The sources and flow paths of basinal fluids that precipitated the dolomite-hosted Mississippi Valley-type orebodies of southeast Missouri have historically been a subject of debate. This study presents geochemical data for epigenetic dolomites of the Bonneterre Dolomite directly above the Lamotte Sandstone aquifer and from the Viburnum Trend orebodies. Samples of epigenetic replacement dolomite were collected at the Bonneterre Dolomite-Lamotte Sandstone contact from 35 drill cores covering an area of more than 25,000 km2 west of the St. Francois Mountains. There are distinct aerial trends in Fe, Mn, and Sr contents of the dolomite from values of 3.47 wt%, 0.38 wt%, and 27 ppm in the south to 0.82 wt%, 0.12 wt%, and 54 ppm in the north, respectively. In and near the Viburnum Trend lead-zinc subdistrict, the distributions of Fe, Mn, and Sr are reversed, from values of 0.50 wt%, 0.10 wt%, and 105 ppm in the south to 3.15 wt%, 0.55 wt%, and 40 ppm in the north, respectively. Fe and Mn contents of gangue dolomite cement in the Viburnum Trend orebodies show a similar south-to-north enrichment, ranging from 1.41 mole% FeCO3 and 0.11 mole% MnCO3 in the south to 2.34 mole% and 0.23 mole% in the north, respectively.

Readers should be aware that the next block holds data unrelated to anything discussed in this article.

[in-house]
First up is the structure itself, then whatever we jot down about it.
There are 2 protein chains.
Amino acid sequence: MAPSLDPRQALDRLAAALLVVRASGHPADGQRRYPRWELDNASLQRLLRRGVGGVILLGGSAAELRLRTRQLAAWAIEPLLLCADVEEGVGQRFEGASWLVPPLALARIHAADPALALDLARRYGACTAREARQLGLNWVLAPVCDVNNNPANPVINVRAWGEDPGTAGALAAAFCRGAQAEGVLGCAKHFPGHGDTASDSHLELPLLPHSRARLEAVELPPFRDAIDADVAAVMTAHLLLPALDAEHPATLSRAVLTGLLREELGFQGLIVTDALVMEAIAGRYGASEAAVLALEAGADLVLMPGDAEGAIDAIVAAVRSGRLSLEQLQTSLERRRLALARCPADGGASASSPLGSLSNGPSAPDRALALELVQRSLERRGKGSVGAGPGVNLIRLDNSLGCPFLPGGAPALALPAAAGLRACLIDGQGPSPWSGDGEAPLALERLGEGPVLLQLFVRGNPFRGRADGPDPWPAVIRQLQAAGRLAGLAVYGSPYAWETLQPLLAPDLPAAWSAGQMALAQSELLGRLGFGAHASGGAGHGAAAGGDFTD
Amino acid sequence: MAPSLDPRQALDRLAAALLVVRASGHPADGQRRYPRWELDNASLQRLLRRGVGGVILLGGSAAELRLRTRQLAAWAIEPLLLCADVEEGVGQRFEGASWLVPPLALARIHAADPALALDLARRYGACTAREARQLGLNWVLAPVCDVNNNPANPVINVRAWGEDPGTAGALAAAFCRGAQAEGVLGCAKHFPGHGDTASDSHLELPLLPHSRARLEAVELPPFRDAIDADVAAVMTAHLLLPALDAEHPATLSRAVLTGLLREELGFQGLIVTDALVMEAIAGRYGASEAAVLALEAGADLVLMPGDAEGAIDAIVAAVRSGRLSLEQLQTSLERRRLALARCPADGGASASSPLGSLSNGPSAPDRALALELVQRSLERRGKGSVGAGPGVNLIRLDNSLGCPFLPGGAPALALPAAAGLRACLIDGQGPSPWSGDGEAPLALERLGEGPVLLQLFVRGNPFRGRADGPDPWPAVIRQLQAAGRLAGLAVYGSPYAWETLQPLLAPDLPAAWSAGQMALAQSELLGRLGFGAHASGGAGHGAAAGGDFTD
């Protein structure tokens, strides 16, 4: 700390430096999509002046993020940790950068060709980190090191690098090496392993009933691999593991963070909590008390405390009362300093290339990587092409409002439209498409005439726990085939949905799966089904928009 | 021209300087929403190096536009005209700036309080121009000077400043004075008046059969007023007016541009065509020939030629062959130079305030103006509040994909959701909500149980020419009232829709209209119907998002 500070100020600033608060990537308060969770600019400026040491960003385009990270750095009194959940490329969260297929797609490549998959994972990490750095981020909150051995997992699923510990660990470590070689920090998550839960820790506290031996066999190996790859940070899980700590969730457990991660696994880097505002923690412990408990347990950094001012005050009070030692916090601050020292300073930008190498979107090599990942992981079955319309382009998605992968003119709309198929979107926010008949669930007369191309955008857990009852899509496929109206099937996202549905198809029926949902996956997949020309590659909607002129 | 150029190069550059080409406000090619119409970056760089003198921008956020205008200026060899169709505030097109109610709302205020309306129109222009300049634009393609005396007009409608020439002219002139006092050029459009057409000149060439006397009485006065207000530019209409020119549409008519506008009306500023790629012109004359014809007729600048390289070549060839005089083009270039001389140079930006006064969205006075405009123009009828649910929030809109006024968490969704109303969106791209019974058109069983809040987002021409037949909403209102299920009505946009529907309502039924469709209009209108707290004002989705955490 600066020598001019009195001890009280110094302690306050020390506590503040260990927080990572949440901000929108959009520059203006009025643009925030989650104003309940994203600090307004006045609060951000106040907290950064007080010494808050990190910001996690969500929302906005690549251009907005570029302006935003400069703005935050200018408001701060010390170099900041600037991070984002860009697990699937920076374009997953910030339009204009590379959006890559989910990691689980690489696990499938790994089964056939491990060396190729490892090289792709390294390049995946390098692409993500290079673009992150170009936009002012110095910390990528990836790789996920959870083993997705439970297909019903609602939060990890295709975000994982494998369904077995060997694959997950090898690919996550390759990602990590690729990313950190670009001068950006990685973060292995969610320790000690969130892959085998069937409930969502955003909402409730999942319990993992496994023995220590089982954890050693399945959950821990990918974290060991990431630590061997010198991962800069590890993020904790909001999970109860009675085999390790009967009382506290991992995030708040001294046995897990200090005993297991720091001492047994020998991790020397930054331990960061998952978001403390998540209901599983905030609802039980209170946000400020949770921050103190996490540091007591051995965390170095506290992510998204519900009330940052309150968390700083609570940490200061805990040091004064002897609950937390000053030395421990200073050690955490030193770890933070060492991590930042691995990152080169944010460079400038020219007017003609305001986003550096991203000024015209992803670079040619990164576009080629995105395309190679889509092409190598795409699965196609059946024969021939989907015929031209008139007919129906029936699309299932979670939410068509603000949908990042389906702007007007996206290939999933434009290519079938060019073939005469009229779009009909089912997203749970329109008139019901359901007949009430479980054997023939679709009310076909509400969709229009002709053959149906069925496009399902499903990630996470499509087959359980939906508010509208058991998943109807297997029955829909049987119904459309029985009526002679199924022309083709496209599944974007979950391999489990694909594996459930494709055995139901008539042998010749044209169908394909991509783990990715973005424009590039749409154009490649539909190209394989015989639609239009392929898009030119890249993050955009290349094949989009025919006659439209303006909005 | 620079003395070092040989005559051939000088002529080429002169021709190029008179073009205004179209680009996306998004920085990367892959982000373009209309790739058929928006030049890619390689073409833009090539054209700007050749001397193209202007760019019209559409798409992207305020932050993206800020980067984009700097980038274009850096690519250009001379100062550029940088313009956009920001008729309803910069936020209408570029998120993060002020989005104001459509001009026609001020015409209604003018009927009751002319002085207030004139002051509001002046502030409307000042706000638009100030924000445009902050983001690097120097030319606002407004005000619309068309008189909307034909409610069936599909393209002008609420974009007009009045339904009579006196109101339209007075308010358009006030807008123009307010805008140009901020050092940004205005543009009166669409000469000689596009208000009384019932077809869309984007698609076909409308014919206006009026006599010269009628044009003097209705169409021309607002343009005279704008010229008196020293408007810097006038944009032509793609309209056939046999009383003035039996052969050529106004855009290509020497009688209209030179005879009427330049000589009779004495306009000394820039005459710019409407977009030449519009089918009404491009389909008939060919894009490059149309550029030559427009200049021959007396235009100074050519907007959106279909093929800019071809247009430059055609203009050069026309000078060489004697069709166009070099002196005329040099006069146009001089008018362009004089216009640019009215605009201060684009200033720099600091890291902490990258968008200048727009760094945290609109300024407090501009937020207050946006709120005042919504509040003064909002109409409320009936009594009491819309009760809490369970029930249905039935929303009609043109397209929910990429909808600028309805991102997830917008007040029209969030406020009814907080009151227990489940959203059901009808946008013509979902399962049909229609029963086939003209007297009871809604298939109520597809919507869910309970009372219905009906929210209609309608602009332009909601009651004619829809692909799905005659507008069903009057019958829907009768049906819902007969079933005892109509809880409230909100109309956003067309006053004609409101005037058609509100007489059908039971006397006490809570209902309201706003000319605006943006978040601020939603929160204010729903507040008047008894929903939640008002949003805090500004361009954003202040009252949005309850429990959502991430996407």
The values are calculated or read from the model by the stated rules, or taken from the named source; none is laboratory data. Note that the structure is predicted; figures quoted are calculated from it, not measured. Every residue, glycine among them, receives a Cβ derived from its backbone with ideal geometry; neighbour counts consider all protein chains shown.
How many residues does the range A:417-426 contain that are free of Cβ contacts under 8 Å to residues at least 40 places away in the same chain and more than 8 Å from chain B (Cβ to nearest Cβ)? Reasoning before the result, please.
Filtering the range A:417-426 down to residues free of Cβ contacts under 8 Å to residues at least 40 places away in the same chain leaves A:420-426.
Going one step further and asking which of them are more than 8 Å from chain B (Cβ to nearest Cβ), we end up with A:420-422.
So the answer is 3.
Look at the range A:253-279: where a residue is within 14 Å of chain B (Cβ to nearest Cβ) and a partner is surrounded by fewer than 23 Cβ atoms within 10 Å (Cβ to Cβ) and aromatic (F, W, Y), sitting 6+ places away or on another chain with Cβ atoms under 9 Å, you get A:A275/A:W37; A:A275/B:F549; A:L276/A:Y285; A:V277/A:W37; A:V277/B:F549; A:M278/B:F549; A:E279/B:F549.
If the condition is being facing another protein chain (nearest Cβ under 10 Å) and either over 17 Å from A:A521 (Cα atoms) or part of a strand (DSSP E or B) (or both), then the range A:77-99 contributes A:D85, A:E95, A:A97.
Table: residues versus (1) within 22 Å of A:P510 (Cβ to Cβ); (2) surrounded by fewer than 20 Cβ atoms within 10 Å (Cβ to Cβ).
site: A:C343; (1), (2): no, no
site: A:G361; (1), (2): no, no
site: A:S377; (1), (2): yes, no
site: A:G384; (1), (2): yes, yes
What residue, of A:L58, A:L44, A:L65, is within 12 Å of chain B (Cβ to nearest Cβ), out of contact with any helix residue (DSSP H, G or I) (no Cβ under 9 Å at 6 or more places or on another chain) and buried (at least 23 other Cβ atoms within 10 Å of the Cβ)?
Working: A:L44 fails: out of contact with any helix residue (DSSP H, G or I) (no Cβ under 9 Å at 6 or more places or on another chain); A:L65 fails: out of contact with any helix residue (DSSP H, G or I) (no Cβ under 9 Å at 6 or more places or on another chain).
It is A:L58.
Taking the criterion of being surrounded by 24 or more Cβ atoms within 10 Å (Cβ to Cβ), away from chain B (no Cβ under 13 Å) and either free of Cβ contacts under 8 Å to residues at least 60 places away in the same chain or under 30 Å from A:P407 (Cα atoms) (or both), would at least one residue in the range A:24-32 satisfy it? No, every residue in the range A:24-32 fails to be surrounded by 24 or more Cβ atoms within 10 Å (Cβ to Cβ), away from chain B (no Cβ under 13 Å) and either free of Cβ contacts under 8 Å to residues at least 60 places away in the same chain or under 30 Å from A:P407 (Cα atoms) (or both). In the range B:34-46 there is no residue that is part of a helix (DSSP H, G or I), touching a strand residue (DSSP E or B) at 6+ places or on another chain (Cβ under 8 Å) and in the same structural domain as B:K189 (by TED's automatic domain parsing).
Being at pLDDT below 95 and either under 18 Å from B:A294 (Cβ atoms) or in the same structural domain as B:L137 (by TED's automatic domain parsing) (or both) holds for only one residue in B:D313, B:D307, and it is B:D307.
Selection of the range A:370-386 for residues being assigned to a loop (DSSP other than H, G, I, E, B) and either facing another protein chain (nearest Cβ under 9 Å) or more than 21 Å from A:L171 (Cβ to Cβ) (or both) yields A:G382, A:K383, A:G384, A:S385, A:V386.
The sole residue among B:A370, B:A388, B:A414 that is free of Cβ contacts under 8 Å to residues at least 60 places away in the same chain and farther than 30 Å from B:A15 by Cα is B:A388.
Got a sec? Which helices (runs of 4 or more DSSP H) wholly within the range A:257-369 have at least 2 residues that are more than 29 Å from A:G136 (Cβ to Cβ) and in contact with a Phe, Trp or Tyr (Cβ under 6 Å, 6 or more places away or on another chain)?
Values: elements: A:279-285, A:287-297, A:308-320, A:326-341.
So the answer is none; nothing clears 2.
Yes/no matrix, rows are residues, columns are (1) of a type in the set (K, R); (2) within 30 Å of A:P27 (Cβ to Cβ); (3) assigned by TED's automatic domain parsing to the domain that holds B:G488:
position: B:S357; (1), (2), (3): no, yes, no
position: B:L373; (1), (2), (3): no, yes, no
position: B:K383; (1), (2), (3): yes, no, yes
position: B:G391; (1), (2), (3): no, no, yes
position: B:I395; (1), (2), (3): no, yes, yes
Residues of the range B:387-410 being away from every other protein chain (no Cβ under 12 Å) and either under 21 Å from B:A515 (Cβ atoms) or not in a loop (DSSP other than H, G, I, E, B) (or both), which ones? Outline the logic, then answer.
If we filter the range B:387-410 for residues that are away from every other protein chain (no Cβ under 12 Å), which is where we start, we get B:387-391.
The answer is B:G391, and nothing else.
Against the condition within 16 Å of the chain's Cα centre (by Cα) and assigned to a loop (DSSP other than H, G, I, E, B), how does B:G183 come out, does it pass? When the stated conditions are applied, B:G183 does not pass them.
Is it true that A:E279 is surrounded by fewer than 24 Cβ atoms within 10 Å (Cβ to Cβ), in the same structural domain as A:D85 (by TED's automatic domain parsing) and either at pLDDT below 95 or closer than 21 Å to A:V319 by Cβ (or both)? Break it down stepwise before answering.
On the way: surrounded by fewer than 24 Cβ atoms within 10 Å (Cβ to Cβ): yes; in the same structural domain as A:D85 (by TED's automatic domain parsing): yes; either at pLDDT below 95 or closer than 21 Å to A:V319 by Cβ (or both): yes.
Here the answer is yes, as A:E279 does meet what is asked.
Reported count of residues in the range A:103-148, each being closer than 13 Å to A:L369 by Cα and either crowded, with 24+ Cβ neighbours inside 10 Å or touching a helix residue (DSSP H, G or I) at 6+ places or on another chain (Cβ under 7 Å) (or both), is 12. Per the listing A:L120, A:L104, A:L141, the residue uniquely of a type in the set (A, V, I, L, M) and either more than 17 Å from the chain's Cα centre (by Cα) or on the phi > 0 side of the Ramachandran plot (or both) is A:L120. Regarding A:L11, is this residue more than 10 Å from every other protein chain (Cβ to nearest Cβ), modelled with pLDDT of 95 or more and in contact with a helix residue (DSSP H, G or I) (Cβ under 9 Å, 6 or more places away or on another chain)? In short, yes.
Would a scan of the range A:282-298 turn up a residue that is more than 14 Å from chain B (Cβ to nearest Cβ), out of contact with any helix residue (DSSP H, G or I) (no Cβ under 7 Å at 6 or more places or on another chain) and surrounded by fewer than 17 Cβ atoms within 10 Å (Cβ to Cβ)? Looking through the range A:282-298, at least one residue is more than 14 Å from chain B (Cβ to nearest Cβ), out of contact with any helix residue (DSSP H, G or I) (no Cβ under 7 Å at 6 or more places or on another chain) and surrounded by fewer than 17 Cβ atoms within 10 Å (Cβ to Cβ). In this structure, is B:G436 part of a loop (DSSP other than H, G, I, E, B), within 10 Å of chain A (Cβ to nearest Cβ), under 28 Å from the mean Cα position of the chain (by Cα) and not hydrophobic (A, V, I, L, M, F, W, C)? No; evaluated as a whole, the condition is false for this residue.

On the basis of fractionation of minor and trace elements between fluids and dolomites, the data are interpreted to indicate a regional south-to-north flow of water from the Arkoma Basin through the Lamotte Sandstone. A second fluid-flow system, with a northern source (possibly the Illinois Basin), precipitated the late phases of gangue dolomite cement in the Viburnum Trend and may have been active during the earlier precipitation of the dolomite at the Lamotte-Bonneterre contact. The inferred fluid-flow paths suggest a more complex, multiple-basin fluid involvement than previously suggested for the Mississippi Valley-type Pb-Zn mineralization of southeast Missouri.